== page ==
Even before the Biden administration started taking applications on Monday for the financial relief program, fraudsters were targeting potential applicants in schemes intended to steal their personal data. FEMA issued a warning reporting that scammers are reaching out to people and offering to register them for the funeral assistance program. Don’t believe these heinous people. FEMA will absolutely not be contacting applicants until they have called the agency or have already applied for assistance, the agency said.
Scammers are known to create cons based on current events, but this scheme — calling families grieving after losing a loved one to covid — is a despicable twist on the typical government impostor scam.
Here’s an FAQ about the eligibility requirements, how to apply and what to do if you’ve been scammed.
Who can apply for the covid-19 funeral assistance program?
The person applying must be an individual who incurred funeral expenses.
To qualify, you must be a U.S. citizen, noncitizen national or a qualified alien. You can apply for the funds if the deceased died in the United States or in a U.S. territory. The program does not have a requirement that the deceased be a U.S. citizen, noncitizen national or qualified alien.
There are several categories of people who are not eligible for the relief, including foreign students and temporary work and tourist visa holders.
FEMA says funeral homes are not eligible to apply on behalf of a family. The establishment also can’t be a co-applicant.
What documents do I need to show to get assistance?
You will need a death certificate that must indicate the person’s death was attributed directly or indirectly to covid-19. You must have documentation, such as receipts or a funeral home contract, proving you were responsible for the funeral expenses.
What funeral costs are covered?
The program will help with eligible expenses for the funeral, including the cost of a casket, clergy services, the use of the funeral home, headstone and burial plot. It also covers cremation and the cost of an urn.
Also, if you shared the cost of the funeral, it’s important to note that FEMA says it will generally provide assistance to only one applicant per deceased individual. However, there can be a co-applicant.
It’s also possible to be reimbursed for expenses paid for multiple people who died as a result of covid.
Covid-19 funeral assistance is limited to a maximum payment of $9,000 per deceased individual and a maximum of $35,500 per applicant, per state, territory, or District of Columbia, according to a FEMA spokeswoman.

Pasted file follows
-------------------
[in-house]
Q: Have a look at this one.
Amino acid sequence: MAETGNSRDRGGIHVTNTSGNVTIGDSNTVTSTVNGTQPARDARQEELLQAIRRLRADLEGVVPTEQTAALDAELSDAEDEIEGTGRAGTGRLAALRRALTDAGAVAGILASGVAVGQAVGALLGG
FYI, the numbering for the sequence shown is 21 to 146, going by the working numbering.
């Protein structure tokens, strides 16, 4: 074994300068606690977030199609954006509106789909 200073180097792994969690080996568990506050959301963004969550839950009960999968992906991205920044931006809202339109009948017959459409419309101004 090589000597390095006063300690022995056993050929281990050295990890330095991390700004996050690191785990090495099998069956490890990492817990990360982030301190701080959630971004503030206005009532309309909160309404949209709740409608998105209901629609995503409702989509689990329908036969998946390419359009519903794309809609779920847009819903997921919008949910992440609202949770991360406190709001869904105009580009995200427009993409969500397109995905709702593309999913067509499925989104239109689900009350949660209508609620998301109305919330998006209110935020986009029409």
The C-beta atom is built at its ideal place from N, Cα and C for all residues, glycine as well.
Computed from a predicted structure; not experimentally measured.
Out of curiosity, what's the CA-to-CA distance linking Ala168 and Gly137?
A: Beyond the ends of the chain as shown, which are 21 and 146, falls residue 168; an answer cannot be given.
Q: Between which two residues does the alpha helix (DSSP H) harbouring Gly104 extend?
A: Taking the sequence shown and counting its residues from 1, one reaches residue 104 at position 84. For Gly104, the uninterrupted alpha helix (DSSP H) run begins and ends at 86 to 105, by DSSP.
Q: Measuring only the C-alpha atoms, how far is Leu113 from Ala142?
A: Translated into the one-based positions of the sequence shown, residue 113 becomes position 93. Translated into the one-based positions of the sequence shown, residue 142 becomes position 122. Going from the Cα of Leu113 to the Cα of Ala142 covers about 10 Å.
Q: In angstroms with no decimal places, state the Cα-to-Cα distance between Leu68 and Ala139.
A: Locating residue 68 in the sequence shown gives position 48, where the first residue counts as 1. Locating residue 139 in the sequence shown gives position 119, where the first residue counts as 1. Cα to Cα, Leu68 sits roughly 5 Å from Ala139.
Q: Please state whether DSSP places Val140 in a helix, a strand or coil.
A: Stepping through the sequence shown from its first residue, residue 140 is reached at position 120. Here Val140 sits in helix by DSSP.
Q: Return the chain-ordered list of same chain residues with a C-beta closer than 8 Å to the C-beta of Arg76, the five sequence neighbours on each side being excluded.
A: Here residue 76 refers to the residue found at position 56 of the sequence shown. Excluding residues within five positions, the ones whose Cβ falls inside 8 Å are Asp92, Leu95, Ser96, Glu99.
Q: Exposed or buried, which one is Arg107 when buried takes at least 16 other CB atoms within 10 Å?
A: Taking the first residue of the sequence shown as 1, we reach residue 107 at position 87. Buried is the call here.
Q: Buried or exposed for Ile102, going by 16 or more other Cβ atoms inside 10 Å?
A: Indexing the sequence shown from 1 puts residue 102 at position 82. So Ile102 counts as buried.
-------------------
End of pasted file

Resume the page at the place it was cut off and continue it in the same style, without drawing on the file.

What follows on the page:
“If an applicant is responsible for funeral expenses for deceased individuals in multiple states, an application will be made for each state in which the death occurred,” the spokeswoman wrote in an email. “Thus, it is possible for an applicant to receive funeral assistance for various deceased individuals in different states.”
How can I apply for the funeral assistance program?
Survivors can apply for benefits by contacting FEMA toll-free at 844-684-6333 (TTY: 800-462-7585). Multilingual services are available.
Online applications are not being accepted. You have to call FEMA, and that has already created an issue. The agency said it is experiencing high call volume, but it urges people to keep trying if they aren’t connected right away.
The program doesn’t have a deadline.
“We will not rush through calls because we intend to make sure every applicant gets their questions answered and receives the help they need to apply,” the agency said.
What should I do if I got a call about the funeral assistance program and was scammed?
Report the incident to the agency’s helpline at 800-621-3362. Covid-related complaints can also be reported to the National Center for Disaster Fraud Hotline by calling 866-720-5721 or by going online at Justice.gov/Disaster-Fraud.
If you did not initiate a call to FEMA, do not disclose any information about yourself or the deceased relative, including confirming a name, birth date or Social Security number. Don’t respond to any emails or text messages from anyone claiming to be from FEMA or another federal agency.
If you are tempted to respond because the caller has some identifying information, keep in mind the crooks read the obituaries to find relatives of covid victims. Scammers may even have enough personal information to make people believe the calls are legit. But they could have easily obtained identifying details — a partial Social Security or birth date — from the many massive data breaches that have occurred in recent years.
Should I file a complaint even if I didn’t fall for the con?
Report the scam, even if you weren’t victimized.
Although the agencies might not be able to address your specific case, reporting the scam helps authorities track down the scammers and may eventually lead to prosecutions.
FEMA says the agency has put in controls to mitigate the fraudulent activity, but the best offense is to be informed about how the funeral assistance program works. Even if you won’t need it, pass along the information to others who could use the help.